Taborama for Firefox combines Tab Groups with Containers
Taborama is an experimental add-on for the Firefox web browser that combines the use of containers with Tab Groups functionality.
Mozilla removed the Tab Groups functionality from the Firefox web browser some time ago. While Firefox users may install extensions such as Tab Groups or Simplified Tab Groups to reintroduce the functionality in the browser, at least some of these extensions will stop functioning once Firefox 57 gets released.
Mozilla plans to cut support for legacy add-ons in Firefox 57; this means that any extension that is not compatible with the WebExtensions standard by then, will cease to work in Firefox.
Update: Taborama has been renamed to Conex.
Taborama is a WebExtension. This means that it is compatible with Firefox 57 and future versions of the web browser. In fact, it can only be installed in Firefox 57 right now.
The extension brings back tab grouping functionality, and combines it with Firefox's own Containers feature. First launched as a Test Pilot experiment, Containers will become a native Firefox feature.
Containers separate open sites and services from each other to improve accessibility and privacy.
The combination of Tab Groups with Containers makes sense if you think about it. Tab Groups provide you with options to sort tabs into groups and work with just one group of them. Containers group tabs as well making it a natural fit.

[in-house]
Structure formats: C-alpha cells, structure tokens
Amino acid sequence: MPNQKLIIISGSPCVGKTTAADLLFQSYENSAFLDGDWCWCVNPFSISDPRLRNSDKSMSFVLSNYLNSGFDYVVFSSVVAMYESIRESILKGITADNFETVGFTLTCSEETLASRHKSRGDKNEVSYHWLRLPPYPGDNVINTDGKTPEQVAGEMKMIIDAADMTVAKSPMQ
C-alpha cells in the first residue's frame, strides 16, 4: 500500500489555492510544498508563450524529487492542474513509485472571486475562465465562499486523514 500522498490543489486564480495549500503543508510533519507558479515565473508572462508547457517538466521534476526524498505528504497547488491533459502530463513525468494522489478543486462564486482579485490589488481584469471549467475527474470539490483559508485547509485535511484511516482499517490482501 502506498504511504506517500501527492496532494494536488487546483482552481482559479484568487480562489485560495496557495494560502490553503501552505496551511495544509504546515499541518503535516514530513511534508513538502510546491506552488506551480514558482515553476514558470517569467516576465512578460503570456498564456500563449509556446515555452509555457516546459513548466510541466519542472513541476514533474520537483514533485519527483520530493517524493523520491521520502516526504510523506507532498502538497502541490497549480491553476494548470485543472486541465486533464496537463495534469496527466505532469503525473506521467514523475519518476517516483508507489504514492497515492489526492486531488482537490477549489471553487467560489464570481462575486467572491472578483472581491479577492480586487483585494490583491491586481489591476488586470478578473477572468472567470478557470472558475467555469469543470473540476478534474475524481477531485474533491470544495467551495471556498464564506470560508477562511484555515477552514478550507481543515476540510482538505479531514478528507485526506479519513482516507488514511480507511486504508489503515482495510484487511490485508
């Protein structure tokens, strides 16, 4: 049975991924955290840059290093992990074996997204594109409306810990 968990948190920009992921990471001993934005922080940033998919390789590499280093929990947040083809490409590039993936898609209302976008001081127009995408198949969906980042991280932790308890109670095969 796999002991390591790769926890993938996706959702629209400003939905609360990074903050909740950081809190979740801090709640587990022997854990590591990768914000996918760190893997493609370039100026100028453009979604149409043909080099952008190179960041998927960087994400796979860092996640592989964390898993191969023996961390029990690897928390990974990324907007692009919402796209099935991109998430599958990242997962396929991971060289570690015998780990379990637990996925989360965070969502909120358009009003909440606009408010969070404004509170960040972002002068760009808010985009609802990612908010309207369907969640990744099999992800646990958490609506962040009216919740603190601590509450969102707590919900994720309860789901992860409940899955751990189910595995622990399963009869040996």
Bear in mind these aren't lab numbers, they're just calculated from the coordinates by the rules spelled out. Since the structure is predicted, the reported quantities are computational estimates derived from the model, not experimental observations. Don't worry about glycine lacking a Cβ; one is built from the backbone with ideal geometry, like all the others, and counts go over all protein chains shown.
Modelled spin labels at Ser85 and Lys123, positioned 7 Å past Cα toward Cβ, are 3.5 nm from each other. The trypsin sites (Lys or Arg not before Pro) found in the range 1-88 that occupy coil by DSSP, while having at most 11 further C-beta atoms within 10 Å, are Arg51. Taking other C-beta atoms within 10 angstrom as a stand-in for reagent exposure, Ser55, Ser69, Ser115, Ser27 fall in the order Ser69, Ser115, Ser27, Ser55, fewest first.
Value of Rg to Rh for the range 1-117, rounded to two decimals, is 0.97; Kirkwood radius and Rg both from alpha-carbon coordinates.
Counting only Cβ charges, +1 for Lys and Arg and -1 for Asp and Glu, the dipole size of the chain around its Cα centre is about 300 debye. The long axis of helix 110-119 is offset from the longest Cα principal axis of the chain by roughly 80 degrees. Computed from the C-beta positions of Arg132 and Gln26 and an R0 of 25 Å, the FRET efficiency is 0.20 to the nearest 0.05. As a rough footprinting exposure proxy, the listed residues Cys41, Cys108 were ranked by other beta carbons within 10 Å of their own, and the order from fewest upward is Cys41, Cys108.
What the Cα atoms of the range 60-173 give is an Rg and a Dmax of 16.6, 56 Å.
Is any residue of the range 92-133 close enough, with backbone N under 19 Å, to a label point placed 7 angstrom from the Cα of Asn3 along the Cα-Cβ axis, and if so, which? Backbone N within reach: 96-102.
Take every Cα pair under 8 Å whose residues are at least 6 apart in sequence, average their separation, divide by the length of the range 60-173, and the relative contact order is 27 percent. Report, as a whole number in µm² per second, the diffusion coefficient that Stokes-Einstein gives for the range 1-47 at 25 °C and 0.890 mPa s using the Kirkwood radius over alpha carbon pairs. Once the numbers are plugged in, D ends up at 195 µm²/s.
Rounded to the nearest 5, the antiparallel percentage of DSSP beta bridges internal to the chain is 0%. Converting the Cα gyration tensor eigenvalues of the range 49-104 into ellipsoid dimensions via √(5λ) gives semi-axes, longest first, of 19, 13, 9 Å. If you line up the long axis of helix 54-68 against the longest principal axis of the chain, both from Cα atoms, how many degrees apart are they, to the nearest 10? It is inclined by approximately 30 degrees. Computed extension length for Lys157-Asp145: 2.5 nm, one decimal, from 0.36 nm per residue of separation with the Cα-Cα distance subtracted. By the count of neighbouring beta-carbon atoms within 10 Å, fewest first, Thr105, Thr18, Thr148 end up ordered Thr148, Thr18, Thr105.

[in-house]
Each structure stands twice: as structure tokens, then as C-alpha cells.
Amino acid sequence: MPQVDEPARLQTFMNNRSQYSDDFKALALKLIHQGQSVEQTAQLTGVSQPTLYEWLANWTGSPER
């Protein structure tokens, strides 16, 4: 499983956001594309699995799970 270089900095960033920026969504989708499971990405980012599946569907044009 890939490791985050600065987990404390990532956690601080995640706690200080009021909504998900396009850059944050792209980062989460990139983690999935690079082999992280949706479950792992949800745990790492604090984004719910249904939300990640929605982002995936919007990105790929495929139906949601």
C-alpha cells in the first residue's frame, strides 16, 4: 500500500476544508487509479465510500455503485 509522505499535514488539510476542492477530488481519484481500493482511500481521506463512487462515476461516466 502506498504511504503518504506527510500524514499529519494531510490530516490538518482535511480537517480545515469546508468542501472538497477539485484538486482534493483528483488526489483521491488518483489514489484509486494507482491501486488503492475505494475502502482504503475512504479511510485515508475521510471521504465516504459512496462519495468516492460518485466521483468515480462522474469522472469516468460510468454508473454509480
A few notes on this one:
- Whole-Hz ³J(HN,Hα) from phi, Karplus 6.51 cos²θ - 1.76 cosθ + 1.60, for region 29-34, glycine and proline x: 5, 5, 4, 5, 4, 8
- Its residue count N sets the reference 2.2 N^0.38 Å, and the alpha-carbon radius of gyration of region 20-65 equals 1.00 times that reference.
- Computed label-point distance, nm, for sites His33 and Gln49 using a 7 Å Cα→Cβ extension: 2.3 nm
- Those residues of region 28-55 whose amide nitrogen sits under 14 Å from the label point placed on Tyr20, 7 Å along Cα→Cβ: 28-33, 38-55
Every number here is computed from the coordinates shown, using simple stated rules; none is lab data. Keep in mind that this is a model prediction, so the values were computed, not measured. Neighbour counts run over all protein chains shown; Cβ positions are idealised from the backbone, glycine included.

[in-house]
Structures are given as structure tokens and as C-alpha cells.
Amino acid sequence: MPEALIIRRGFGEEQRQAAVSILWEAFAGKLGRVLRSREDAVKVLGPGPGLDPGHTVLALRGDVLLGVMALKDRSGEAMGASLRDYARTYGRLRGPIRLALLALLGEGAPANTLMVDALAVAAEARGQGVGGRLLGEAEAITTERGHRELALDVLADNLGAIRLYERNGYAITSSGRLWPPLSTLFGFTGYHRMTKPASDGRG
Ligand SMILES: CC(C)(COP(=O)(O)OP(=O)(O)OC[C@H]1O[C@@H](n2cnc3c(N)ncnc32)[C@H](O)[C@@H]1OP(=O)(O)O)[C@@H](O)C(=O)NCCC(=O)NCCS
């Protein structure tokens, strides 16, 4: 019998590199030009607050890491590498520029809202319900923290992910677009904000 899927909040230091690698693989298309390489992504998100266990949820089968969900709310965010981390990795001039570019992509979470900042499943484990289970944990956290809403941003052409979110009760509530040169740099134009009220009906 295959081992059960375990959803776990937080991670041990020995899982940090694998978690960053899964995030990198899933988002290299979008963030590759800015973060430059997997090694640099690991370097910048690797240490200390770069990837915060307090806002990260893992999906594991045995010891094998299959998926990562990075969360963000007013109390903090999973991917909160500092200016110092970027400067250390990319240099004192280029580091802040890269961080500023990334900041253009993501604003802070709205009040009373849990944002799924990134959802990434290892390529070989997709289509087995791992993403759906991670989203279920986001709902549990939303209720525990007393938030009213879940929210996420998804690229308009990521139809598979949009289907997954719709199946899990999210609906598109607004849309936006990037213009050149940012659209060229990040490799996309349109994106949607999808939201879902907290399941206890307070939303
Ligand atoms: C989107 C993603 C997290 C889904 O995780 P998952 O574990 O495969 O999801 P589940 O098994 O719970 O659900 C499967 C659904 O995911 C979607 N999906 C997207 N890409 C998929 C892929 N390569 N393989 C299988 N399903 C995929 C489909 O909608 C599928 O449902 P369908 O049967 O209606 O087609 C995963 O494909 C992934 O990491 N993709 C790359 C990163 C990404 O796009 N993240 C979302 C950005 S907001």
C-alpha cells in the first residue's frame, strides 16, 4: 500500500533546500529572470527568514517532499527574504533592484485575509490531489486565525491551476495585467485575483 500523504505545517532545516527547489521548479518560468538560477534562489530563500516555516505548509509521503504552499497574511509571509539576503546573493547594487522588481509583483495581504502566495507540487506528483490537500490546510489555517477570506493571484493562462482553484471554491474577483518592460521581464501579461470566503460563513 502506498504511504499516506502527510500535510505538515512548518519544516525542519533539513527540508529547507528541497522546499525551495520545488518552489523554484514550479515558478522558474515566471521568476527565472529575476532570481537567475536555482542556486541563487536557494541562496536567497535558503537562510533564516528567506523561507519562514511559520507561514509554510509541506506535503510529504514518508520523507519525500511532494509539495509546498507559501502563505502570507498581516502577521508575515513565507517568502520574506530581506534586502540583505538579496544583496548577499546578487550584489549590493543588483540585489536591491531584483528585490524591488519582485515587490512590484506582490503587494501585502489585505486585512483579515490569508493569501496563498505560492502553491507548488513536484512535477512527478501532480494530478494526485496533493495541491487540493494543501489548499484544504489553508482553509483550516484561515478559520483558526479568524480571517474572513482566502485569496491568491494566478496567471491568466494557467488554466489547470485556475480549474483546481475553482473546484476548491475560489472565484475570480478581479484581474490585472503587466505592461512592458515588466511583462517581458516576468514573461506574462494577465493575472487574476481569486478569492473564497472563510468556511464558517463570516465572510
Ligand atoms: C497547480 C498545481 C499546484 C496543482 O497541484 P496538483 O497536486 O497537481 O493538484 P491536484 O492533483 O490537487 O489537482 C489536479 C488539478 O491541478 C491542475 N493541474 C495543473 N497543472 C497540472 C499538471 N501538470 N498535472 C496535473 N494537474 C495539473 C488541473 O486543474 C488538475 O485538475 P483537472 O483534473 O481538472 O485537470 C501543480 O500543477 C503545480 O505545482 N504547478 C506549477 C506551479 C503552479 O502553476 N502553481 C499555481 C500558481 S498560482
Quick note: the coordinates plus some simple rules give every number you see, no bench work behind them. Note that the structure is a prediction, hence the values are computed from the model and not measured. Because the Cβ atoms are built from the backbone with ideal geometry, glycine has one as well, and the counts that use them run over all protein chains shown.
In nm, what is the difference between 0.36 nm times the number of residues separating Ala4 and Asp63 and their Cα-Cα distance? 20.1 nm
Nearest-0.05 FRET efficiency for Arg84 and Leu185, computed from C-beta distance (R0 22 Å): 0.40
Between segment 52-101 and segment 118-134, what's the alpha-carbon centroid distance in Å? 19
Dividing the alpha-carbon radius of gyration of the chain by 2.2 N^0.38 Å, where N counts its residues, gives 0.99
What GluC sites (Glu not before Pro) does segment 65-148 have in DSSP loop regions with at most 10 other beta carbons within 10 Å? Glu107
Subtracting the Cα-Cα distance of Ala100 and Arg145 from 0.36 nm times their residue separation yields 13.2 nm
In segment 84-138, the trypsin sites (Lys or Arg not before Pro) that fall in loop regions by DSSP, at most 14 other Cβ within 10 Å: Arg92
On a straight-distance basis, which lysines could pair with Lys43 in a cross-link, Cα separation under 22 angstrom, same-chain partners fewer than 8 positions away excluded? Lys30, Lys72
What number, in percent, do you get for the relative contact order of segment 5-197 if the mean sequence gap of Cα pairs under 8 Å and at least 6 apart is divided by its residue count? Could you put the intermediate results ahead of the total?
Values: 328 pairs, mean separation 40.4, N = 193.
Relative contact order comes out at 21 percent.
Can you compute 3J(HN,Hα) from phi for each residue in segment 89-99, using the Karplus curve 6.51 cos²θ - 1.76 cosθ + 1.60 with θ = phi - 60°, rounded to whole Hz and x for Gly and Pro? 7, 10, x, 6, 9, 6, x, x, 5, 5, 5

The extension is not fully usable yet. That's not the developer's fault though as the API to show and hide tabs has not been made available yet.
While you may use Taborama right now in Firefox 57, you cannot use it to only display a tab group in the browser's interface at this point in time. As soon as Mozilla implements the API, the functionality will become available however.
The extension adds an icon to the Firefox address bar that displays all containers. A search is provided to find sites of interest quickly, but you may also click on any container to list the sites it contains.
Sites are listed with a thumbnail icon, the page title, and the address. A click jumps to the selected site in the browser.
The search lists matching sites that are open in Firefox, but also sites found in the browsing history making it a tad more useful.
Taborama is a promising add-on for the Firefox web browser. While its true functionality is not there yet, its author seems to be very active so that it seems likely that it will be added once Mozilla adds the required API.
Now You: Tab Groups, Containers, how do you manage tabs?
Tab groups have become the foundation of my browsing process years ago. OTOH I do not use containers, despite their obvious usefulness: their volatility and poor user interaction make them useless, borderline dangerous. Binding containers to groups is a nice way to make it all better. How they were not linked from the get-go is beyond me.
If such major features start becoming accessible again, I would definitely think about letting FF upgrade. In that case a very nice improvement over legacy FF : I do believe containers are needed and an appropriate response to some of today’s concerning challenges.